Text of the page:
The Littlefield Collection | Lot 1054
$40,250 USD | Sold
| Portola Valley, California
12 July 2014
Weight: 39.7-tons (36,000-kg)
Length: 30’ 7” (9.33-m)
Width: 10' 6” (3.21-m)
Height: 10' 8” (3.25-m) transport configuration
14’ 2” (4.35-m) working configuration
Engine: 12-cylinder A-426 diesel, 520-hp
Fuel Capacity: 380-USG (1,440-l)
Range: 125-miles (200-km)
Speed: 21-mph (35-km/h)
The vehicle being offered, Radar 1S12/1RL1238, is in good, but unrestored condition. It is in its original paint. The exterior needs some paint touch-up, but is in overall good condition. The wheels and tracks are serviceable. The vehicle runs and has been driven, but should be serviced. The interior needs a good cleaning and possibly some light cosmetic restoration. Functionality of the radar is not known.
1S12/1RL128 was the first highly-mobile radar accepted into the Soviet air defense forces (PVO). Designed from the outset to be multi-purpose radar, it could serve as both a rangefinder for the early warning system, as well as a target acquisition radar for the anti-aircraft missiles. It was used by the PVO in the P-40 Bronya early warning radar system and as a part of the 2K11 Krug (SA-4 Ganef) SAM. NATO gave the radar designation Long Track. The P-40 was accepted into service in 1963 and 2K11 in 1965.
The chassis for the radar was a modified AT-T chassis, known as object 426, designed in Kharkov by Morozov design bureau. The strange part that both P-40 and 2K11 systems were a hodgepodge of wheeled and tracked vehicles with 1S12 being unique due to the size and weight of it, the other vehicles being smaller. In the P-40 Bronya radar system the vehicle was used as a rangefinder and was called 1RL128 and was used with the conjunction with the truck mounted PRV-9A height finder. In the 2K11 Krug it was used by itself without any auxiliary vehicles.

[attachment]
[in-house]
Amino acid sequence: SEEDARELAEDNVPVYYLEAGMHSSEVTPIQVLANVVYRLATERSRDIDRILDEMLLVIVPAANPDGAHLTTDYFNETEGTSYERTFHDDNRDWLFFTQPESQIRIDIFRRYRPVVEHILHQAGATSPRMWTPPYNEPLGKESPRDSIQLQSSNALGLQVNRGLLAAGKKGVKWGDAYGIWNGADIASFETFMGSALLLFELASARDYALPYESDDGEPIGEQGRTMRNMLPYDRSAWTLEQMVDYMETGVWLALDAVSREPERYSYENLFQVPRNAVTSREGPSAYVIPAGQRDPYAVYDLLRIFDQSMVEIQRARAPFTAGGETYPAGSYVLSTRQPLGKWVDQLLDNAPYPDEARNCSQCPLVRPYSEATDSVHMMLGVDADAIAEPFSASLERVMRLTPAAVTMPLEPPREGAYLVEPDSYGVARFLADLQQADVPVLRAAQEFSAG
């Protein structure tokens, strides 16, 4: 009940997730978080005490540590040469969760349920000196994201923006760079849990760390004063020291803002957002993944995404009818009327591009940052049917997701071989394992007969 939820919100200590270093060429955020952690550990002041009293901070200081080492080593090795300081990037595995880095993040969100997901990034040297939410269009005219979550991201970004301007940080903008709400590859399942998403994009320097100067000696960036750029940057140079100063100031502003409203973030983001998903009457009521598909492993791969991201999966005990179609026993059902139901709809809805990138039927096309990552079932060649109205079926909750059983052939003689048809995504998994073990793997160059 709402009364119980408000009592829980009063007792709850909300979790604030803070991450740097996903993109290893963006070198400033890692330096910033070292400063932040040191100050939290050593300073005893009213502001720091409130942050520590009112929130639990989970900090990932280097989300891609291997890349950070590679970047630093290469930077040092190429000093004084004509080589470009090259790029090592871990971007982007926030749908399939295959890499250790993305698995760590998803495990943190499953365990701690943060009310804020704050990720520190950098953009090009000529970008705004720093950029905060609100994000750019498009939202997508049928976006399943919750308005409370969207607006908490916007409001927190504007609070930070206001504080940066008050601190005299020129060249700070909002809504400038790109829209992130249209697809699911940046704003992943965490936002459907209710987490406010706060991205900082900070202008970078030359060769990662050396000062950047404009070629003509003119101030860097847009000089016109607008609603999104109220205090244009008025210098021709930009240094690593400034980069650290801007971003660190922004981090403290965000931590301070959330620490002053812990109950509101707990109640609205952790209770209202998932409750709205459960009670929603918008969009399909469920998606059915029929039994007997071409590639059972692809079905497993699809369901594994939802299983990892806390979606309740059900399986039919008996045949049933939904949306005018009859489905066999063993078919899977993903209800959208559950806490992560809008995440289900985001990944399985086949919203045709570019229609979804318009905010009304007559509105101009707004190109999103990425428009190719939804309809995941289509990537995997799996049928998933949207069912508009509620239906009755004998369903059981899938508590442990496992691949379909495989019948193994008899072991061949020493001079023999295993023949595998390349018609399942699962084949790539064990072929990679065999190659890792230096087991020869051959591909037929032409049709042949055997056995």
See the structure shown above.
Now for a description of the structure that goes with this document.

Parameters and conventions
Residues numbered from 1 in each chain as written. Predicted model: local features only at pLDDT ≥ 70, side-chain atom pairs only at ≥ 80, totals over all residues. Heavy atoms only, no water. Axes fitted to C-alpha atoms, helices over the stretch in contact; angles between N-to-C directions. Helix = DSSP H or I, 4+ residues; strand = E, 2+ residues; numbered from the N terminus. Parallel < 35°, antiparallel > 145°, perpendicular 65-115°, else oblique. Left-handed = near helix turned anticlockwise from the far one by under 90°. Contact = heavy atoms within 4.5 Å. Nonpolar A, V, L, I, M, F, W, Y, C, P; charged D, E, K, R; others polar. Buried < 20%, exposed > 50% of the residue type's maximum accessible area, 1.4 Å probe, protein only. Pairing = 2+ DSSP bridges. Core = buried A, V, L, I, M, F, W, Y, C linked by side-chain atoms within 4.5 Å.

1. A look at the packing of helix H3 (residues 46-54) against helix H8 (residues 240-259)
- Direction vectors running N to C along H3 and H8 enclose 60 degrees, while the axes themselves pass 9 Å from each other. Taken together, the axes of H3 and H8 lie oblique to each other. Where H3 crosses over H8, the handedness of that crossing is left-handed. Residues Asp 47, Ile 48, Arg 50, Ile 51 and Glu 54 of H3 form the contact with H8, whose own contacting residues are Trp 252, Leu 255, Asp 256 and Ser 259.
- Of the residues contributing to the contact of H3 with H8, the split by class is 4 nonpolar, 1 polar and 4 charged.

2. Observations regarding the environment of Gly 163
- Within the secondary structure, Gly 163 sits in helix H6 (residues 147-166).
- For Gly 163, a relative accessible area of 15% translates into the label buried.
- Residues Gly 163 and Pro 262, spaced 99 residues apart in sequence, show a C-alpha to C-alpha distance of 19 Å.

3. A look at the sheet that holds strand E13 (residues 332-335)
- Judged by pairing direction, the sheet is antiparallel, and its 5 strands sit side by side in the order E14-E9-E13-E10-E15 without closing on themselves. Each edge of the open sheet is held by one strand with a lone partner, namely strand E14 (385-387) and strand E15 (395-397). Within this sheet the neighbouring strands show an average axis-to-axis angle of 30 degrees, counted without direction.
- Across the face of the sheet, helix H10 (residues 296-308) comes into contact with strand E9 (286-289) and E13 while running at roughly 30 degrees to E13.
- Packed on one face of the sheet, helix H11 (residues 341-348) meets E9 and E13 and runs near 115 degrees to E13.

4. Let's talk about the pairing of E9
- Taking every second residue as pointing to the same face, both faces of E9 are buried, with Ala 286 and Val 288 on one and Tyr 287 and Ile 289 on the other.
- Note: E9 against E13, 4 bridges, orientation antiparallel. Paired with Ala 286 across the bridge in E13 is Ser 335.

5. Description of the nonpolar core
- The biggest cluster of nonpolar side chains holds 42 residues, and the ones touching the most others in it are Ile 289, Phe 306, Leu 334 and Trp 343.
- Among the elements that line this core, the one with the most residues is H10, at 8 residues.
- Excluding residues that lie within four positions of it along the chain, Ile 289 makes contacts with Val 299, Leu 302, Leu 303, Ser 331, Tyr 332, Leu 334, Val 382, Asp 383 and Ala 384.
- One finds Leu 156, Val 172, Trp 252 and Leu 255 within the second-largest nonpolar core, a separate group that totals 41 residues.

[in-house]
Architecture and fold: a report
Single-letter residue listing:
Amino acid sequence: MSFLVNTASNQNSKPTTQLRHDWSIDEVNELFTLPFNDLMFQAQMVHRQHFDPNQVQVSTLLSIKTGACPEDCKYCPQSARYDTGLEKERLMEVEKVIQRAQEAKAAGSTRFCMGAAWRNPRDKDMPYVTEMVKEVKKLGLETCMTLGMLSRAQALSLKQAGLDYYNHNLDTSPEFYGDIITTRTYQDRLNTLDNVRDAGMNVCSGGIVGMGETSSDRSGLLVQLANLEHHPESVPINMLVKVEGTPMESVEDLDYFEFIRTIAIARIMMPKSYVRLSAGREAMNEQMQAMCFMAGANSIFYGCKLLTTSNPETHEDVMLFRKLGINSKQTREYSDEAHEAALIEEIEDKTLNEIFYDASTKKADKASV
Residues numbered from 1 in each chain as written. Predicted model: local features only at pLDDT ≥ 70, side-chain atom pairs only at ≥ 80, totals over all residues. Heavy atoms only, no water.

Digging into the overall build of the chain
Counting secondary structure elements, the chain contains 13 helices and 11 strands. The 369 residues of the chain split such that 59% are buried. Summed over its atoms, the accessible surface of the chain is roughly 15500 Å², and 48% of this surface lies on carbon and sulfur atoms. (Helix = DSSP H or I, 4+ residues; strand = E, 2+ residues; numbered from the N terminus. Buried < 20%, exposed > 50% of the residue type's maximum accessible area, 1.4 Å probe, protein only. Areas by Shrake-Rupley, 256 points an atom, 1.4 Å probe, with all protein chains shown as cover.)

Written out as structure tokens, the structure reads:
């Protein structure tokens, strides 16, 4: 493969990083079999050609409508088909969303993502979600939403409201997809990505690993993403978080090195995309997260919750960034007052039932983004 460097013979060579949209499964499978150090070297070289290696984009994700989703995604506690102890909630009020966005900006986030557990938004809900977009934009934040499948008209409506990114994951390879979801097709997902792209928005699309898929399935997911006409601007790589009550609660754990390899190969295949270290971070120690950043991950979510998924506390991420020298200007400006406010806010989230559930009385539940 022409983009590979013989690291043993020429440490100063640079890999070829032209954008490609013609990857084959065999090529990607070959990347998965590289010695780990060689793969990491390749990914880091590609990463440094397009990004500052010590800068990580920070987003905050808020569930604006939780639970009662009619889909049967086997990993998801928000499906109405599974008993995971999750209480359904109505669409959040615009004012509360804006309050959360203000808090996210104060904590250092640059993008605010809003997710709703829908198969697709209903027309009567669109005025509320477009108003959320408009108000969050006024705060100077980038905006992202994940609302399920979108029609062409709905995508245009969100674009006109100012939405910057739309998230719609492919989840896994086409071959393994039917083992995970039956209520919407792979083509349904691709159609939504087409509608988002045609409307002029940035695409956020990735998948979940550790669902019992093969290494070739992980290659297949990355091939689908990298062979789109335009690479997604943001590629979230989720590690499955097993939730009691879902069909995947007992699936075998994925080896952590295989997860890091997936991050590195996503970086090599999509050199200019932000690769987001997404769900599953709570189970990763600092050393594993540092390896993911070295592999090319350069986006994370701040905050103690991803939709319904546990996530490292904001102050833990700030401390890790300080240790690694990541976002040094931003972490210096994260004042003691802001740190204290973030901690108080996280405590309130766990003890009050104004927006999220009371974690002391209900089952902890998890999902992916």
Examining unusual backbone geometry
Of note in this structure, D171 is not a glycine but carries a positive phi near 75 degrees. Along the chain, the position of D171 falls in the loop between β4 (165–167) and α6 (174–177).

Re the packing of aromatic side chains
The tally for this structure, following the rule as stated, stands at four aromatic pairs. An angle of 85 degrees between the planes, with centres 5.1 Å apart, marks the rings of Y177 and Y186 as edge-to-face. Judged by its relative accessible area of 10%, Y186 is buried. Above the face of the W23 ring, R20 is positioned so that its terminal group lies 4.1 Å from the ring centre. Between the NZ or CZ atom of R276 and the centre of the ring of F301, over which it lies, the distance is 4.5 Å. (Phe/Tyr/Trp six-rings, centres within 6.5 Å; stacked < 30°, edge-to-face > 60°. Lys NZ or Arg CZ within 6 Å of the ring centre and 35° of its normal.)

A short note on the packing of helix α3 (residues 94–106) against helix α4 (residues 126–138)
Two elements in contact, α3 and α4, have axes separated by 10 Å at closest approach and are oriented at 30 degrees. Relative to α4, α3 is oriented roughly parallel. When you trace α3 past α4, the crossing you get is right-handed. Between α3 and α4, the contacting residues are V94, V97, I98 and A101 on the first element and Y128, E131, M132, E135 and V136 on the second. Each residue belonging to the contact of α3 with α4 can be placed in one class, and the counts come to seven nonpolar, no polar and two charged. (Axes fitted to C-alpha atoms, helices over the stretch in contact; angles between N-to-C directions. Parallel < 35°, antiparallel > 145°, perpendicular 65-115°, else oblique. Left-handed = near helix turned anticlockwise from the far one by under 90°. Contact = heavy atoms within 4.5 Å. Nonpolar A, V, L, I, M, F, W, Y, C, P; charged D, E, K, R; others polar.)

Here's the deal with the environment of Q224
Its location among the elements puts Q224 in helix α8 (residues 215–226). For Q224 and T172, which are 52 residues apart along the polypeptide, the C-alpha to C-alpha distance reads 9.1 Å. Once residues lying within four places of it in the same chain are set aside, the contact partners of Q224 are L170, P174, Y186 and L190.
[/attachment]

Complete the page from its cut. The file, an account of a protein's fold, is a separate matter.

The radars could detect the aircraft flying at 12,000-m up to 180-km, while the low level ones were detected up to 70-km. The minimal detection height was 500-m. The radar put out 2MW of power. The vehicle had an onboard gas turbine to power the radar and various auxiliary vehicles.
The radars were modified in 1966-68 and again in 1969-70 to increase the range and reliability. They were exported together with 2K11 SAMs to various Warsaw Pact countries and have served in USSR, Poland, Bulgaria, East Germany, Czechoslovakia, Hungary and North Korea as well as various post Soviet States. It is not obsolete and has since been retired in the Russian military, but is still in service in some other militaries.
Transport Cost to Storage: $4,752